Tea for Emperors and Tibet – Part 4/5

After the “Puer” tea is ready, the journey begins.

For the Pu’erh that I buy, Emperor’s Pu’erh, it leaves Yunnan, reaches China’s coast and then crosses the Pacific to end on a shelf at a Whole Foods Market. However, before that, for centuries, Puer tea traveled to Tibet and China’s capital for the Emperor.

CCTV 9 Travelogue – Tea and Horse Road – Part 1 1/2

Most people have heard of or read about the Silk Road from China to Europe. I’m sure that few have heard of the Ancient Tea Horse Road, which I discovered in the May 2010 issue of National Geographic magazine.

CCTV 9 Travelogue – Tea and Horse Road – Part 1 2/2

Legend says that tea from China arrived in Tibet as early as the Tang Dynasty (618- 906 A.D.). After that, the Chinese traded tea for horses, as many as 25,000 horses annually.

CCTV 9 Travelogue – Tea and Horse Road – Part 2 1/2

But that isn’t what struck me the most about the piece. It’s the example that demonstrated why the peasants loved and possibly worshiped Mao Tse-Tung.

CCTV 9 Travelogue – Tea and Horse Road – Part 2 2/2

For more than a thousand years, men fed their families by carrying hundreds of pounds of tea on their backs across rugged mountains into Lhasa. Some froze to death in blizzards. Others fell to their deaths from the narrow switchbacks that climbed into the clouds.

CCTV 9 Travelogue – Tea and Horse Road – Part 3 1/2

This all ended in 1949 when Mao had a road built to Tibet and farmland was redistributed from the wealthy to the poor. “It was the happiest day of my life,” said Luo Yong Fu, a 92-year-old dressed in a black beret and a blue Mao jacket, whom the author of the National Geographic piece met in the village of Changheba.

CCTV 9 Travelogue – Tea and Horse Road – Part 3 2/2

Before ending the four posts on Puer [Pu’erh] tea and moving on to Kombucha Fermented Tea in Post 5, Numi Organic tea, Emperor’s Pu’erh, the one I buy at Whole Foods, says, “These old-growth rare Pu’erh trees are communally owned by the local villagers who pick them for their livelihood, ensuring that they continue to grow for generations to come… Pu’erh is an ancient healing tea picked from 500-year-old organic wild tea trees in Yunnan, China. Pu’erh has more antioxidant than most green teas.”

Continued on January 21, 2012 in Tea for Emperors and Tibet – Kombucha Fermented Tea – Part 5 or return to Part 3


Lloyd Lofthouse is the award-winning author of The Concubine Saga. When you love a Chinese woman, you marry her family and culture too. This is the love story Sir Robert Hart did not want the world to discover.

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Note: This five-part series of posts on “Tea for Emperors and Tibet” first appeared May 2010, as The Magic of “Puer” Tea, The Tea Horse Road, and Kambucha Fermented Tea.

3 Responses to Tea for Emperors and Tibet – Part 4/5

  1. merlin says:

    I’d like to ask how do you know 99.9% that the tea you buy at your local supermarket “Whole Foods” is from a village in Yunnan, China? Although we’d all WISH our tea was direct from the best source, but in reality companies will often lie about their source and even their nutritional information in order to make a buck (not saying Pu’er is bad, but sometimes other food items are mislabeled). On the topic of mislabeling, wouldnt a product need to go through a processing facility in order to determine the nutritional information, and thus it would not be “organic”?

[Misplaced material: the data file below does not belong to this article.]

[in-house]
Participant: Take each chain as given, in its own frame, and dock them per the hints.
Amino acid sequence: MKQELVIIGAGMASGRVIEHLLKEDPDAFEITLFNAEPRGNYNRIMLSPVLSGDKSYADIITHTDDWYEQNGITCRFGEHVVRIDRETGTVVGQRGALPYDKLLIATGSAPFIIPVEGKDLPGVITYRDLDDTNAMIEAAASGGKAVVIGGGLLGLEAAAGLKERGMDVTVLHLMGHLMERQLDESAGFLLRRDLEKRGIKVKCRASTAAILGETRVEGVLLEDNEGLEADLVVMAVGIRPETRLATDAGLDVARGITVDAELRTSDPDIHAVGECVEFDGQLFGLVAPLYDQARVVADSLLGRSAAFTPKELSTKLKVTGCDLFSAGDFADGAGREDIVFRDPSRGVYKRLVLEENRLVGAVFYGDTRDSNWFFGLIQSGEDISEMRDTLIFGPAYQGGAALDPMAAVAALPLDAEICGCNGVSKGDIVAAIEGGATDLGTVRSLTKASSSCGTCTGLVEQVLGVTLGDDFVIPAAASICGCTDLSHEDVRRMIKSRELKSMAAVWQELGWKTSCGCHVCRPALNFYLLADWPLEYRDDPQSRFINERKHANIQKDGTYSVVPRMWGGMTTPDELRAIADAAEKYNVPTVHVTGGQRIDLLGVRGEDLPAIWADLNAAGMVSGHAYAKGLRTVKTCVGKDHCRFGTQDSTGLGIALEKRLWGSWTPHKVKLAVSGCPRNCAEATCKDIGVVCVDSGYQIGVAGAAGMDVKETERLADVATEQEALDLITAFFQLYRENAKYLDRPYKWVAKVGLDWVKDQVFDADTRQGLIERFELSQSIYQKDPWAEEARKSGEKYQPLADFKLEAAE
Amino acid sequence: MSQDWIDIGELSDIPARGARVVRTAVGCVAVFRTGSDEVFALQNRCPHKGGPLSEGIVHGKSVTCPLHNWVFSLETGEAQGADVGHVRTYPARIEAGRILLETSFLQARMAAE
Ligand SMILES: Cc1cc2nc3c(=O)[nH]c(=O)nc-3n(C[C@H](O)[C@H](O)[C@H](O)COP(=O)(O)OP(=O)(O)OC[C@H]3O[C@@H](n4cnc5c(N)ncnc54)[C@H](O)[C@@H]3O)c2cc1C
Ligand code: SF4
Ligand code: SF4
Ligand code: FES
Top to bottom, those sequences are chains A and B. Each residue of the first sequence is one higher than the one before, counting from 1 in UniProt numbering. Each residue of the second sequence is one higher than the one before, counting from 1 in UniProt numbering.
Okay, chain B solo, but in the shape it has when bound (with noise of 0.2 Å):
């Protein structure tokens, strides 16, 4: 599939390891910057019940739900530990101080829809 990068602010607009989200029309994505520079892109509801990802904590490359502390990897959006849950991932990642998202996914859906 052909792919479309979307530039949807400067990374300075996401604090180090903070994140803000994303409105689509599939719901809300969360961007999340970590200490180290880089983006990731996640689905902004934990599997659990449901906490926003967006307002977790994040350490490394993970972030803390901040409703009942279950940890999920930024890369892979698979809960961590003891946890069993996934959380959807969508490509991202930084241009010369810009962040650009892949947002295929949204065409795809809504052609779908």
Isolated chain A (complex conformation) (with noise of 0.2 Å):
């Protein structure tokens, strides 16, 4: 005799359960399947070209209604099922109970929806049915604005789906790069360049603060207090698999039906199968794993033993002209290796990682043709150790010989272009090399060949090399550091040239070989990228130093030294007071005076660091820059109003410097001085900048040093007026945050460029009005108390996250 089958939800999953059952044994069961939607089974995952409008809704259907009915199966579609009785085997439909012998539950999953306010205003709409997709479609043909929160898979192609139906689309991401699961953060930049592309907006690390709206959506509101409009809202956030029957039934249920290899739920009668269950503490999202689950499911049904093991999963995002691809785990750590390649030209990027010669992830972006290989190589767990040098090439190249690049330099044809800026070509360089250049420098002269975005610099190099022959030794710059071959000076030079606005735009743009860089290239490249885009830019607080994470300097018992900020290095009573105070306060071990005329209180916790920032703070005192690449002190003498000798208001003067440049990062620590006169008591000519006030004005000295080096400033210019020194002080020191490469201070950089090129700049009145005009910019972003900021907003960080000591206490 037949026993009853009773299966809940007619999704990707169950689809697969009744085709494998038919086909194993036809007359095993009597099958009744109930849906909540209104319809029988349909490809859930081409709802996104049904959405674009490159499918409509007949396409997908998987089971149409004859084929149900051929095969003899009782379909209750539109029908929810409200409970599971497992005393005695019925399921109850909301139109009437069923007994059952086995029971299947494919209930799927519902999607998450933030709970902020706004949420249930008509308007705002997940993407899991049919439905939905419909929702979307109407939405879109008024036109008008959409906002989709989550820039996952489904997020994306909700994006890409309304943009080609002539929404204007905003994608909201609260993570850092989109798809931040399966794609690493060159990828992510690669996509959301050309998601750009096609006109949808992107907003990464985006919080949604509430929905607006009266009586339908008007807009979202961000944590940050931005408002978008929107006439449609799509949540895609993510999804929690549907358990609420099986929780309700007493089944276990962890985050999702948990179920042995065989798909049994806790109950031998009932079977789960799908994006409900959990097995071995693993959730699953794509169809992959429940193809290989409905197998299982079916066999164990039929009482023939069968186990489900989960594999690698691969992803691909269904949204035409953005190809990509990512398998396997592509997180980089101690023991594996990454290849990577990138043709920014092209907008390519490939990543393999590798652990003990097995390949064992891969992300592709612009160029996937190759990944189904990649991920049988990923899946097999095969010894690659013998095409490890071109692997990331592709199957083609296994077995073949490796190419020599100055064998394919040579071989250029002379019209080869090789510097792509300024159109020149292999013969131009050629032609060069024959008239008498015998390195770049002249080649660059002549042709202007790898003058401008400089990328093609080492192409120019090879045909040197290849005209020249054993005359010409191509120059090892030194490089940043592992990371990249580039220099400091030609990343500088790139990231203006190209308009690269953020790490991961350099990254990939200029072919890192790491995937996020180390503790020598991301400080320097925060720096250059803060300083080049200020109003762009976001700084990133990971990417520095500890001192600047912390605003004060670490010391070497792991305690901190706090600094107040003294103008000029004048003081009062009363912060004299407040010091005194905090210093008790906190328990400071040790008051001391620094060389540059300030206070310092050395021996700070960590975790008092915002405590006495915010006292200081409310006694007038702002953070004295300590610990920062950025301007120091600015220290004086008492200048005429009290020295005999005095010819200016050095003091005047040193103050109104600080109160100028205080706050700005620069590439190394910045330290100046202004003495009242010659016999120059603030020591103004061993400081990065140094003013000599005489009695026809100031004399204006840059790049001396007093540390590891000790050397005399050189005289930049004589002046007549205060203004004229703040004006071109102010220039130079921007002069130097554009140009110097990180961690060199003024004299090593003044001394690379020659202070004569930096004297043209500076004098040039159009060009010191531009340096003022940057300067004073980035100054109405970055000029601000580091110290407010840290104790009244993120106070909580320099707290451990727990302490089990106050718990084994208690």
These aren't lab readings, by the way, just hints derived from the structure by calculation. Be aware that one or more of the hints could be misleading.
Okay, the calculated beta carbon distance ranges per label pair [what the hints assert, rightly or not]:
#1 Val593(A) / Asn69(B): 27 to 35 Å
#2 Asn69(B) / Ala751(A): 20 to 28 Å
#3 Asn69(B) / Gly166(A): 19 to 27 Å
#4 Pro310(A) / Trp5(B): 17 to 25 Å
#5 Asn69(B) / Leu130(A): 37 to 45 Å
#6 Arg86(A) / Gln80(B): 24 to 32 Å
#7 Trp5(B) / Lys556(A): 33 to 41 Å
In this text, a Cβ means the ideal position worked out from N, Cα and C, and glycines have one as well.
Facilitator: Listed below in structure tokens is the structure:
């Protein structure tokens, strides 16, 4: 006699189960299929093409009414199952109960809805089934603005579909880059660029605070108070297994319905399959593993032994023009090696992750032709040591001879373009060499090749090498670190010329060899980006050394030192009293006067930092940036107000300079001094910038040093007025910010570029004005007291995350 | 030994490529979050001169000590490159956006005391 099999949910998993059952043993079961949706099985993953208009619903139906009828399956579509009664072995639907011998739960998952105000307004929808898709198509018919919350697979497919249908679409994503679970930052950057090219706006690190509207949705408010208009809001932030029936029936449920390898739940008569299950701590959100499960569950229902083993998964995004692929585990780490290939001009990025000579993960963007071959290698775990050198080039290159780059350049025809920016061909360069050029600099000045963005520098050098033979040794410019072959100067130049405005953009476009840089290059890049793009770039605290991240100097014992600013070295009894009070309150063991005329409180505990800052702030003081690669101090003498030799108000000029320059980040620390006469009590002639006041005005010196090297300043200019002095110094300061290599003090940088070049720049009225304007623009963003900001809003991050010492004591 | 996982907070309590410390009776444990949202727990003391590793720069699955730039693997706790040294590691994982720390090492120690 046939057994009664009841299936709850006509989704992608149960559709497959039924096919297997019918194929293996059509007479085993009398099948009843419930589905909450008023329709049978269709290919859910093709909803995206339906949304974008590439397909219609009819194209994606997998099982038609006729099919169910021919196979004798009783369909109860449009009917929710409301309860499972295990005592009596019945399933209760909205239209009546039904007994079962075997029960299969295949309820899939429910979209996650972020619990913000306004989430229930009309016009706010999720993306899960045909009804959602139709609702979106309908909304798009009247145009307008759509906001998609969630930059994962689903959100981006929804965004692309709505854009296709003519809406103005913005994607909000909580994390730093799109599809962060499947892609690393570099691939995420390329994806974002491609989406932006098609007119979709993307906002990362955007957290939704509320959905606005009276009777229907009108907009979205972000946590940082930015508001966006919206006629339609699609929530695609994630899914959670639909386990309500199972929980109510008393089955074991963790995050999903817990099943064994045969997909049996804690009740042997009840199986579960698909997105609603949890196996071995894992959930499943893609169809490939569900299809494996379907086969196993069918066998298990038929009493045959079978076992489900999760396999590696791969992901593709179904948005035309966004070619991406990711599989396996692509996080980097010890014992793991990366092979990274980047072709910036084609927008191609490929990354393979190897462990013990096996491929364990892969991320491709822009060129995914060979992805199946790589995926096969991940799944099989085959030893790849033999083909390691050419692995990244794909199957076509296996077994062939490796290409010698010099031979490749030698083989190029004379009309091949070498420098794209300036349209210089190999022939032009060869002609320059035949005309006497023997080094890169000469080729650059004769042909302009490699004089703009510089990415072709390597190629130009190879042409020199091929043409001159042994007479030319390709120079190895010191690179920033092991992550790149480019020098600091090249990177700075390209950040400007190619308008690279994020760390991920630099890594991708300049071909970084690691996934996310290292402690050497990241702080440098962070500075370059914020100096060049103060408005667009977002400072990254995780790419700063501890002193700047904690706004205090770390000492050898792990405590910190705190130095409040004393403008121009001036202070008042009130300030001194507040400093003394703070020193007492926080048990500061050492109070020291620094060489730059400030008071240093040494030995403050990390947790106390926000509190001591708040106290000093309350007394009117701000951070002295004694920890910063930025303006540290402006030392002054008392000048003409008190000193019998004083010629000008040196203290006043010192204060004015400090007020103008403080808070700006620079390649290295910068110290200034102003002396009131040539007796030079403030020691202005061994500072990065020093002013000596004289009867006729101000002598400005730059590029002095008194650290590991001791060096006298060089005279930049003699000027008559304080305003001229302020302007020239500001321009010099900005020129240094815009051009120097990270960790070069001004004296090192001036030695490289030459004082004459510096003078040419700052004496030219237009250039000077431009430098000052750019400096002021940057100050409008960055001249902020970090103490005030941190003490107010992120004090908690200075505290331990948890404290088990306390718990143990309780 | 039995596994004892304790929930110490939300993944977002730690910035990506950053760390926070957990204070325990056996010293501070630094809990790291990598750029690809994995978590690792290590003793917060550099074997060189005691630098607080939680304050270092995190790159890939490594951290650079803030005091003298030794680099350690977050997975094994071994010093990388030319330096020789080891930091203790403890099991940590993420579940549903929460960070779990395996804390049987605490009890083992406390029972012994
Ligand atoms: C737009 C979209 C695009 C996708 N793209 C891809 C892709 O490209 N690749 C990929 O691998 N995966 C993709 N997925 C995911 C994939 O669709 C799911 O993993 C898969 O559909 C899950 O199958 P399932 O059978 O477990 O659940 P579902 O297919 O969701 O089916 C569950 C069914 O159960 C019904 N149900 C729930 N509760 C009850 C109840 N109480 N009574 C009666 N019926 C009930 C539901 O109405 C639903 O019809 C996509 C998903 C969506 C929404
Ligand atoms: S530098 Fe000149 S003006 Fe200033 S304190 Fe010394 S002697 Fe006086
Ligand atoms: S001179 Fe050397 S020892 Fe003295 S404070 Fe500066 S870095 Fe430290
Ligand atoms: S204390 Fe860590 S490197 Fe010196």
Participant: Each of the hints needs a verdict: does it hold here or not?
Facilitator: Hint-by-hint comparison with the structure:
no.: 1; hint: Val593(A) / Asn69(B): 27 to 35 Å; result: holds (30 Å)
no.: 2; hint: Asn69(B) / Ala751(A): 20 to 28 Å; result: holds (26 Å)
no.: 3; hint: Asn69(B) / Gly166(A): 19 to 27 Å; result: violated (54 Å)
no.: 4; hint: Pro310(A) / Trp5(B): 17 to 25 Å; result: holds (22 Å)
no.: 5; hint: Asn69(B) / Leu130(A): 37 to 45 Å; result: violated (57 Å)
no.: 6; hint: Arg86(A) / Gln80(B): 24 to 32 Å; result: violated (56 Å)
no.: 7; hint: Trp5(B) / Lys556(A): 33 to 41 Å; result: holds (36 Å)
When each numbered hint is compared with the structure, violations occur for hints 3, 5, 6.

Besides the labeling corruption in the US, another question pops to mind. What about the corruption overseas? I mean, the middleman that imports the tea to the US to provide to whoesalers and retailers, how do THEY know the TRUE source and if it’s really Pu’er? There’s so much corruption in China, that many manufacturers will give a false appearance in order to ship their product overseas. You’ve got many people working the entire process, from the local village farmer, up to the multilingual chinese assistant for the company selling the tea. At any one point it only takes 1 lie in order to falsify the entire process. Even the local farmer might have mistakenly grabbed the wrong seed in planting when his former bag of seeds ran out.

    I’m not saying 100% of the time all that happens, but what I am saying is I think we in the US need to not only question our political, economic, and educational systems, but also the very food we eat. All it takes is for 1 small slip in the process/production line. If our educational system is not great, what does that say about our knowledge of nutrition? If corporations are corrupt, what does that say about the true origins of material goods that cross our borders?

    • Merlin,

      Your concerns are all valid. After all, there are many con-men and crooks out there that will say or do anything to make a name for themselves and/or money they didn’t earn.

      This is why I put my trust in the merchant I’m buying the product from, and here’s what Whole Foods says about their products.

      As for the middle man overseas. If they want to keep their contract with a company such as Whole Foods, which would be a BIG contract, it might be too risky to cheat because they could get caught and then Whole Foods just finds another middle man to work with.

      “We carry natural and organic products because we believe that food in its purest state — unadulterated by artificial additives, sweeteners, colorings, and preservatives — is the best tasting and most nutritious food available.